This Thursday, our families will sit down to give thanks and count our many blessings. Thanksgiving marks our beginnings as a nation of immigrants, honoring the first harvest feast between the Pilgrims and the Native Americans in 1621. For the settlers, it was a harsh first winter. And the Wampanoag tribe, who generously shared their knowledge of farming and fishing, welcomed us: America's first undocumented immigrants.
Throughout history, we haven't always reciprocated this generosity, as seen by how we've treated our native neighbors. That shouldn't preclude us from giving thanks to them now, and from continuing to be welcomers ourselves.
We have many thanks to give to new immigrants in our country. This includes annual revenues of $776 billion from immigrant-owned businesses and $11.8 billion in state and local tax revenue from undocumented Americans, who have robustly contributed to the growth of our economy.
But even more vital are the values immigrants have embedded and strengthened in our culture, including the importance of family. To immigrants today, like our ancestors who came before them, family is the tie that binds, and these ties reinforce America's unique ability to embrace diversity in pursuit of our shared beliefs in life, liberty and happiness. That's what makes rare moments of family unification so powerful, like Sarahi Salamanca's. It's also why Thanksgiving is the ideal opportunity to usher newcomers into our own homes--especially those who don't have loved ones nearby to celebrate with.
Despite our country's immigrant history, we fail to welcome our neighbors--particularly the over 11 million who are undocumented--with open arms when our nation's antiquated laws refuse to allow their families to be together. We fail to embrace them as brethren in our communities when we denigrate them as "illegal immigrants." We deny the generosity our ancestors were shown by turning away refugees who seek safety and freedom to begin new lives in the throes of immense pain and loss. When we advocate for deporting and splitting up families who call this country home or hope to make it their home, we hold in contempt the values the Native Americans espoused when the Pilgrims were new immigrants. This is no way to express gratitude to our native ancestors' selflessness, nor for the invaluable contributions immigrants have made to our nation.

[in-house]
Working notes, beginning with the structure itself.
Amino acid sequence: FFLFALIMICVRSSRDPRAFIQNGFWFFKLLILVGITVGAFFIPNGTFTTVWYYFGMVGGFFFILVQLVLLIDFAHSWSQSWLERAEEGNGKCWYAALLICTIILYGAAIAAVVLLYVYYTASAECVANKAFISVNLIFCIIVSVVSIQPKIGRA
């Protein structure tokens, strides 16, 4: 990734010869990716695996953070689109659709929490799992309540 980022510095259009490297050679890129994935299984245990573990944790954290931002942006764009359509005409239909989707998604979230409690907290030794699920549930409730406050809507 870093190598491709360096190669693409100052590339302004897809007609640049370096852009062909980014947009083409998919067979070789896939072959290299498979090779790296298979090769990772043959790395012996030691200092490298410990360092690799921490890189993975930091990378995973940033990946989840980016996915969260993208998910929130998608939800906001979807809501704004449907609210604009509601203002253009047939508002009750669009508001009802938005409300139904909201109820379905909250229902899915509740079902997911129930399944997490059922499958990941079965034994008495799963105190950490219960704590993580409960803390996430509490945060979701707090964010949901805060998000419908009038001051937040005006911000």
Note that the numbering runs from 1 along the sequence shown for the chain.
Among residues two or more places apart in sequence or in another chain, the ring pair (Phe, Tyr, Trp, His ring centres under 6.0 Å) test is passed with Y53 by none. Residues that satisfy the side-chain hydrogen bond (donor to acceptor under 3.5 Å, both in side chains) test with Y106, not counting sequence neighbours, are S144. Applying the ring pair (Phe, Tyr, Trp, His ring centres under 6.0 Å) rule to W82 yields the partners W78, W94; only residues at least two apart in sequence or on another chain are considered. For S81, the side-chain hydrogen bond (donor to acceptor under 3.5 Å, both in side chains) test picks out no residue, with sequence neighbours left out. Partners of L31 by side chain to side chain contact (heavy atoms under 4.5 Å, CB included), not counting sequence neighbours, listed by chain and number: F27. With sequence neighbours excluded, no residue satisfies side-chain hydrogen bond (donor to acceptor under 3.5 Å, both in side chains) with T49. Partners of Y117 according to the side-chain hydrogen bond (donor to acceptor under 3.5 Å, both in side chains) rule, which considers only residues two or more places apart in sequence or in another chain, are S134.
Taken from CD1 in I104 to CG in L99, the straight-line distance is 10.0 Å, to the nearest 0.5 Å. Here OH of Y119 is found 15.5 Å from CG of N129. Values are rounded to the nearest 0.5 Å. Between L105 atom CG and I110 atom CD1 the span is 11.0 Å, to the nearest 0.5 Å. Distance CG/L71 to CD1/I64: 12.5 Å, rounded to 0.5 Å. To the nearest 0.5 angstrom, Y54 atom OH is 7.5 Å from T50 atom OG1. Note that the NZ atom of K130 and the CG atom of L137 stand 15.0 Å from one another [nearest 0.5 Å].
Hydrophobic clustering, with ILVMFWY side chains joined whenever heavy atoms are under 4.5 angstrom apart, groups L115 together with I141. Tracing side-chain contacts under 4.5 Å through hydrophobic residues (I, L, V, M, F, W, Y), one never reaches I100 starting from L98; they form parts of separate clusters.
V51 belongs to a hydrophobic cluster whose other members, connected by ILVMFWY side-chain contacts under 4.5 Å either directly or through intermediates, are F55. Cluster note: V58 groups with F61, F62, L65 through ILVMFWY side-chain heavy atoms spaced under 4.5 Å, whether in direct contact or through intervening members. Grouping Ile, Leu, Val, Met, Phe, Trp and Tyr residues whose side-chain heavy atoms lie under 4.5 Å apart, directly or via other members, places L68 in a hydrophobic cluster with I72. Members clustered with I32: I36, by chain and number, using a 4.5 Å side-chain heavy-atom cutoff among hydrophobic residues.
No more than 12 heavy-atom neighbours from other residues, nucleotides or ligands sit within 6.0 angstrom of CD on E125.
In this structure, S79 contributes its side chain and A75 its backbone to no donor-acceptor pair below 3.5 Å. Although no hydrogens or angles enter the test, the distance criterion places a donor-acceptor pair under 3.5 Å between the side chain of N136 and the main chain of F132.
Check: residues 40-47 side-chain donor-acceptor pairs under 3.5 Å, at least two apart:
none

The fabled tale of the inaugural Thanksgiving is fundamentally a story of the Native Americans welcoming us into what has become a nation of immigrants. It may be partly myth, but it occupies a powerful space in our cultural consciousness--it is because of this initial encounter between the Pilgrims and Native Americans that welcoming and giving thanks have guided the American spirit for centuries. It's the story we tell each year, and we don't always tell the stories of Thanksgiving dinners that have taken place since that first meal. These narratives have woven themselves into who we are as a nation, creating the beautiful, diverse patchwork of our country. We haven't told America's whole story, and we need to tell it--to both remind ourselves of our complex history and to inform the future nation we want to leave for our children.
At some juncture in our lives, particularly those of us with Pilgrim ancestors, we were once hoping to be welcomed to a new land. Let's stop our use of language that is harmful and hurtful to American immigrants, including striking words such as "illegal alien" from our cultural lexicon and engaging our communities in publicly supporting and welcoming Syrian refugees. And as we enter a season of giving, let's extend the hospitality shown to us by inviting those separated from their families to join our holiday meals.
This Thanksgiving, as we sit down to dinner with our immigrant families, let's consider all the things we're thankful for, and among them, the many blessings the newcomers of our day bring to our table.